Memory Excerises (still).The Stroessner dictatorship in Paraguay was the longest in all of Latin America, lasting from 1954-89. His regime, like many in the region over a similar period, was characterised by the systematic torture and disappearance of dissenters. In his film Memory Exercises, Paz Encina hones in on the life of Doctor Agustín Goiburú, one of the many desaparecidos (‘disappeared people’), telling the medic’s story through memories recounted by his family.
Goiburú’s persecution and murder will be a tragic but familiar tale to those acquainted with modern Latin American history.
Leader of the movement MOPOCO (El Movimiento Popular Colorado), Goiburú was perhaps the most prominent opponent of the Stroessner government. Even when forced into exile in Argentina, Goiburú was unfaltering in his opposition to El Gringo (a derogatory term by which Stroessner was known, meaning ‘the westerner’), plotting one attempt after another on his life. A terrorist in the eyes of the regime, Goiburú’s ensuing persecution, kidnapping and murder, will be a tragic but familiar tale to those acquainted with modern Latin American history.
It’s a story you might expect to be told as a militantly political saga. Encina’s film instead delves tentatively into the memories of Goiburú’s three children. Audio recordings of their recollections are pasted together, one fading into another to form a hazy soundscape, evoking the fabric of memory itself. Rogelio, Jazmín and Roland, now adults, remember the sights, smells and sounds associated with their father, summoning a tender nostalgia for their childhood. One addresses the director personally: “one of the things etched in my memory, Paz,” he says, “is the smell of his skin. Never have I recognised it in someone else.”
This isn’t to say that the implications of their father’s political life aren’t a constant presence. One recalls, shortly after learning to read and write, being stationed by her father by a window and instructed to record the license plates of cars. Another, of being “trained for guerrilla warfare” before the age of ten. The threat of persecution first materialises, somewhat terrifyingly, with the family’s kidnapping at the hands of the Paraguayan navy: “They made me take off my clothes... tied Papa up with wire... and interrogated me.”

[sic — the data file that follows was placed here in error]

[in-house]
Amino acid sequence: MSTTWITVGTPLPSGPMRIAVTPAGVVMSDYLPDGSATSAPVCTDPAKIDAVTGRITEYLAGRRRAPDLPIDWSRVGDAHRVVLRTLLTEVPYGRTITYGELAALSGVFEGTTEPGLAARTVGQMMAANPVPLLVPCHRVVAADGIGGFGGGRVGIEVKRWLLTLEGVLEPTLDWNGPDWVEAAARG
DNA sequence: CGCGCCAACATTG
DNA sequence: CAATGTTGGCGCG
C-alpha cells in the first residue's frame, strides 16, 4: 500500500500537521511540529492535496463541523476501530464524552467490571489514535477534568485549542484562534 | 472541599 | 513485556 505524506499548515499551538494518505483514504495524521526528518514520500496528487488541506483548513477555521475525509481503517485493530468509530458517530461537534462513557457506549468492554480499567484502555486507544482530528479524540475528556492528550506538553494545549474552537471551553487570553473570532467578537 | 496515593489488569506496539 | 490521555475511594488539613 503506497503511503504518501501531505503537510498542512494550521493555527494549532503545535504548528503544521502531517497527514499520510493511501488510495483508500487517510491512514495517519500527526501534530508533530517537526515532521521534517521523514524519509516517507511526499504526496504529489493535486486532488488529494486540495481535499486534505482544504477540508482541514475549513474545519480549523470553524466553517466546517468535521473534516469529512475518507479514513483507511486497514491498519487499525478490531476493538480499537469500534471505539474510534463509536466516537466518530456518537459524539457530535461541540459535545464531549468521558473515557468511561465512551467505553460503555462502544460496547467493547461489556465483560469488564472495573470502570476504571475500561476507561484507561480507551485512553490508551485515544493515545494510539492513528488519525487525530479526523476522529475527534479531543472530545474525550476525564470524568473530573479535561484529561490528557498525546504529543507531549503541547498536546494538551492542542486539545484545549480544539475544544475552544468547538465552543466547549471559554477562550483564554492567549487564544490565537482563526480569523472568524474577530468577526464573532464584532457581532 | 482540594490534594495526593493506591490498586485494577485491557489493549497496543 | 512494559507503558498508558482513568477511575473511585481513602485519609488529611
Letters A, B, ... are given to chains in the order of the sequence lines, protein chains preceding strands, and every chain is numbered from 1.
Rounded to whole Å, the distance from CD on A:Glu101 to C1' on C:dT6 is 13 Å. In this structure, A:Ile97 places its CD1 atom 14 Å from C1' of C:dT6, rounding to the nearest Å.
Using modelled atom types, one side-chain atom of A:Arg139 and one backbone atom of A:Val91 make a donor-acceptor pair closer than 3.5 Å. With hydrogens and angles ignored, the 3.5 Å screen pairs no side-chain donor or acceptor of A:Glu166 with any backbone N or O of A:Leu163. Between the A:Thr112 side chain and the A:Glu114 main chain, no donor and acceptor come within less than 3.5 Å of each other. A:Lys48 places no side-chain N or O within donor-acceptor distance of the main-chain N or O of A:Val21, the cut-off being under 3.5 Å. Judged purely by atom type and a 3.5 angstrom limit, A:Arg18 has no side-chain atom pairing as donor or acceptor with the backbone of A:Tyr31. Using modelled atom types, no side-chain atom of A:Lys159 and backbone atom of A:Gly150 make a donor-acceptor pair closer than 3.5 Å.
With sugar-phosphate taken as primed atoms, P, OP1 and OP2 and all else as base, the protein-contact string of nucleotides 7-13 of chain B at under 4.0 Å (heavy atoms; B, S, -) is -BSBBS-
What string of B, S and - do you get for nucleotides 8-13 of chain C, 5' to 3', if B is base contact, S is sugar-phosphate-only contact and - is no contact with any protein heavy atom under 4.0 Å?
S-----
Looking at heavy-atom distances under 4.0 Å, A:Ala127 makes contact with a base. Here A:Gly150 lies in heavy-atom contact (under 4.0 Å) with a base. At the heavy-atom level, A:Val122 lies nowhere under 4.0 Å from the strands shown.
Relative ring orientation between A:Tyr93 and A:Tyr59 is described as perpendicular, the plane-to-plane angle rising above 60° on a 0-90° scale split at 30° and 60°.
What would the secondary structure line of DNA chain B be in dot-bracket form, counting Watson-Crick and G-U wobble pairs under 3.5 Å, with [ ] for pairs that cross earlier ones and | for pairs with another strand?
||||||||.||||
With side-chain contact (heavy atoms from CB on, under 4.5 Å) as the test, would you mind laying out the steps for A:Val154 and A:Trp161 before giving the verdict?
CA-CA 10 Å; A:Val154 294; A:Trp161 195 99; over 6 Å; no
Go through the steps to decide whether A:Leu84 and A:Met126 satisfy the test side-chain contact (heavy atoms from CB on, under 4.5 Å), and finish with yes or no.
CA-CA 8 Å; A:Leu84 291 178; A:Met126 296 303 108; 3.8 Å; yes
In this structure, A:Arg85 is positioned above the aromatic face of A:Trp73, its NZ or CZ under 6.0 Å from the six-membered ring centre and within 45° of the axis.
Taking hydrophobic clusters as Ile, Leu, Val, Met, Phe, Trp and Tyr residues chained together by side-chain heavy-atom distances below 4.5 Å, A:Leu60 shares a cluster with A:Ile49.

The uncertainty surrounding the death and burial site of the disappeared is often central to the struggle to begin a process of grieving and healing.
For the most part, these audio recordings run over scenes populated by actors. Far from providing the typical reconstruction you might expect of a documentary, the images are in many ways distinct from the spoken narrative. A shot of a Paraguayan interior – a kind of extended still life – moves into a woman sewing in muted pastel tones. Three men on horseback wade into reed-filled waters. Children wander barefoot through a forest. The scenes are sparse and slow-moving – at times to the point of sluggishness. This refusal to fall into crass dramatisation, however, allows Encina to blend uses of documentary and a more poetic reflection on the nature of loss.
How to memorialise and move on from the collective and personal traumas inflicted throughout a dictatorship is a problem with which many Latin American artists, activists and governments have grappled. A notable example is Colombian artist Oscar Muñoz, who creates portraits using only the most ephemeral of materials – breath on a mirror, water on a hot pavement. In the event of disappearances such as that of Goiburú, the uncertainty surrounding the death and burial site of the disappeared is often central to the struggle to begin a process of grieving and healing. Memory Exercises itself, as the title suggests, is an attempt to forge memorialisation, by shining a light on the shadowy ends of Goiburú and of countless others like him.